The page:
This is a complete Open Source project and Google has released full documentation on its working, installation and supported devices. According to documentations device support Acer Switch 12, Intel NUC, and Google Pixelbook. These are the target devices that can be used for testing the operating system. Documentation also tells the process of installing Media, Paving and troubleshooting.
While most of the desktop Operating Systems are having linux based kernel, Fuchsia is using new microkernel called “Zircon”, derived from “Little Kernel”, a small operating system intended for embedded systems.
In May 2017, Tech magazine Ars Technica wrote about Fuchsia’s new user interface, an upgrade from its command-line interface at its first reveal in August, along with a developer writing that Fuchsia “isn’t a toy thing, it’s not a 20% project, it’s not a dumping ground of a dead thing that we don’t care about anymore”. Multiple media outlets wrote about the project’s seemingly close ties to Android, with some speculating that Fuchsia might be an effort to “re-do” or replace Android in a way that fixes problems on that platform.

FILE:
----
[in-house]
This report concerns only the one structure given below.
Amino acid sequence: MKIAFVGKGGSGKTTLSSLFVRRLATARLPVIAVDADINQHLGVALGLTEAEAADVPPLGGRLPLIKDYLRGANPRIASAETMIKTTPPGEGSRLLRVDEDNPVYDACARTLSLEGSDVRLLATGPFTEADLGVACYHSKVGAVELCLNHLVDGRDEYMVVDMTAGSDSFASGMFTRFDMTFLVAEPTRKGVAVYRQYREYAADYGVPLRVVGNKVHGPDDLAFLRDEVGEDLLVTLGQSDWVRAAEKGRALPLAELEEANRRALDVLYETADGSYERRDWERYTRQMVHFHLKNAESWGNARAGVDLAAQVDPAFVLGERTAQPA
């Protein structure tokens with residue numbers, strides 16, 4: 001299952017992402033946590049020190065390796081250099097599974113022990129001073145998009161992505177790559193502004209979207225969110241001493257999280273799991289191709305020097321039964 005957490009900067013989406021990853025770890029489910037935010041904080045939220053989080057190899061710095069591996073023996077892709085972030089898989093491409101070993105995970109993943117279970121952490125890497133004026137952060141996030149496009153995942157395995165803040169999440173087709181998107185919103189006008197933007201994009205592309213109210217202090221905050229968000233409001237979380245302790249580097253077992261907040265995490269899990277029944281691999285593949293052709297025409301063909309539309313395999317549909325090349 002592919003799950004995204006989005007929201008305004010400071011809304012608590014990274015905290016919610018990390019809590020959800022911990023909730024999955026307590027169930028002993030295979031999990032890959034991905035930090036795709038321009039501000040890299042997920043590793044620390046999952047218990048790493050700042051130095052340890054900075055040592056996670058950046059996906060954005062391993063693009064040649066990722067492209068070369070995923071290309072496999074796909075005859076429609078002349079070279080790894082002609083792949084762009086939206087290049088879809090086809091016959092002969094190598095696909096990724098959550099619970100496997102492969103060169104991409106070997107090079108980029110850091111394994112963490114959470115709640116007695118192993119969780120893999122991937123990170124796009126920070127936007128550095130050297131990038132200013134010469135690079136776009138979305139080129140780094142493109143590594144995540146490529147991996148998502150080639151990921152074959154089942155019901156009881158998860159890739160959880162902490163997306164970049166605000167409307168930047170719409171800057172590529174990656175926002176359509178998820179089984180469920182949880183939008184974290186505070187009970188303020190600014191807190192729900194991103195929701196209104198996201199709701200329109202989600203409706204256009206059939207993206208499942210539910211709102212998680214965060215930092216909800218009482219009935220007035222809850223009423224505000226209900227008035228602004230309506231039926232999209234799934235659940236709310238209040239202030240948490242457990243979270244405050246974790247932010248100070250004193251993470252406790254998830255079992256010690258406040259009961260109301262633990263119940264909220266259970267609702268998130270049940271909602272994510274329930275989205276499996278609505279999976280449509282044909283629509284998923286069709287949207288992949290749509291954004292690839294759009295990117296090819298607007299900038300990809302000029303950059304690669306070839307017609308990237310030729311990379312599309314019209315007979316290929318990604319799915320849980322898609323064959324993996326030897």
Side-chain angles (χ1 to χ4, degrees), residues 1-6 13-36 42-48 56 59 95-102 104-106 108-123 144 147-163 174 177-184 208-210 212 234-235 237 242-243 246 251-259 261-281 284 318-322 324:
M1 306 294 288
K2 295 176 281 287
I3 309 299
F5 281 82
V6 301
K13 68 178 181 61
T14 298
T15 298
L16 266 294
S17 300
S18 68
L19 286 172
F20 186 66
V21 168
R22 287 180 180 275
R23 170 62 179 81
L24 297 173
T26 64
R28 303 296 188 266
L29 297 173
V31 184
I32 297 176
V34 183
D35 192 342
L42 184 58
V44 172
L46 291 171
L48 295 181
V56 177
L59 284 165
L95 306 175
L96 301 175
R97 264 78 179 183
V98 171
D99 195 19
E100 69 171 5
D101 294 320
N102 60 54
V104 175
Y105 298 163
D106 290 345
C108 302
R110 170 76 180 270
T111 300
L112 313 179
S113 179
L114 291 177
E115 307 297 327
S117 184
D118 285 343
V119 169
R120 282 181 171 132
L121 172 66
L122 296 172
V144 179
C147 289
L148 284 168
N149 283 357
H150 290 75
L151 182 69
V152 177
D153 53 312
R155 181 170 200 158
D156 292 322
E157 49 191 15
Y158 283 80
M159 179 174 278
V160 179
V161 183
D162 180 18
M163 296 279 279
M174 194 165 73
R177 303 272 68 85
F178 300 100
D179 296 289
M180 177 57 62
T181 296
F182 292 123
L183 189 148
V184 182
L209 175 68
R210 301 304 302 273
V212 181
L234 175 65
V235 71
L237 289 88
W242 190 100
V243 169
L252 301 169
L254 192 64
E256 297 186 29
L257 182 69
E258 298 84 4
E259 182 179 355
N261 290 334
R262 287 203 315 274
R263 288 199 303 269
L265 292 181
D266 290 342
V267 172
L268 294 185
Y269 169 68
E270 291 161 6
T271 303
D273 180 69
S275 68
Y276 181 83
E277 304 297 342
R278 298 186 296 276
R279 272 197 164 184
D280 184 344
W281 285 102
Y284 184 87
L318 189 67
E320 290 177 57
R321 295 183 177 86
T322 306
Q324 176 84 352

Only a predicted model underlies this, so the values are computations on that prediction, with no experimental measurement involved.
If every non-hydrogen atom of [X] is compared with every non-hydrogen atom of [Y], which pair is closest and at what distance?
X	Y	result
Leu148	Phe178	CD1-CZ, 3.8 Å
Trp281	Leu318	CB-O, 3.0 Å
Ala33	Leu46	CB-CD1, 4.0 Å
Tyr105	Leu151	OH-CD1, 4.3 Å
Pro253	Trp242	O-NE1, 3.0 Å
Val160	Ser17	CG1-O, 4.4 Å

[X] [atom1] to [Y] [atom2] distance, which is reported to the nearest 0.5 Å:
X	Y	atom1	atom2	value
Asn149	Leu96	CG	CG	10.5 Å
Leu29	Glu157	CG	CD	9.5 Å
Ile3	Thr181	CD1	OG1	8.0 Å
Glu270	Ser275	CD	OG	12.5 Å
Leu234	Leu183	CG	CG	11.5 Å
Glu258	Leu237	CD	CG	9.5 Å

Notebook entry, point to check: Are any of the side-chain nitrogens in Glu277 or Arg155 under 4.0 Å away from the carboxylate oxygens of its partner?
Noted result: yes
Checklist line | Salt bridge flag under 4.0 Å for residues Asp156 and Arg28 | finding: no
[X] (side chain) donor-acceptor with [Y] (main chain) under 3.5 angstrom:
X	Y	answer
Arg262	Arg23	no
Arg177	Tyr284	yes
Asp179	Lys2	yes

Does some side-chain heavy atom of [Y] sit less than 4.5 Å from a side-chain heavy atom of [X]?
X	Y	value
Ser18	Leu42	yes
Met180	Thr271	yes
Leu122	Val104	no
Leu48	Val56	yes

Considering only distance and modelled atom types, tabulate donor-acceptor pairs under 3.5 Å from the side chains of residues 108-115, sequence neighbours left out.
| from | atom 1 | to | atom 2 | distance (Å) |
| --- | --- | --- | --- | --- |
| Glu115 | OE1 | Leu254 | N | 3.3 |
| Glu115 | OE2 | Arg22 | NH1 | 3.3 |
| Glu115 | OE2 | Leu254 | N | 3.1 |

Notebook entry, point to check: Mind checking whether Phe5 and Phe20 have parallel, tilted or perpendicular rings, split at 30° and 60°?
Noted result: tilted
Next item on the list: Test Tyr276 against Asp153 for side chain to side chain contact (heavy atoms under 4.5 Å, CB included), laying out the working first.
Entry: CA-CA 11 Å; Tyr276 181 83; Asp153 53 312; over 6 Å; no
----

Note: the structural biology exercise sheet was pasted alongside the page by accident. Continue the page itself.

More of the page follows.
Google is focusing on AI and IoT these days and developing wide range of products using these technologies. However, Fuchsia is not going to replace Chrome OS but will work as a separate Operating system.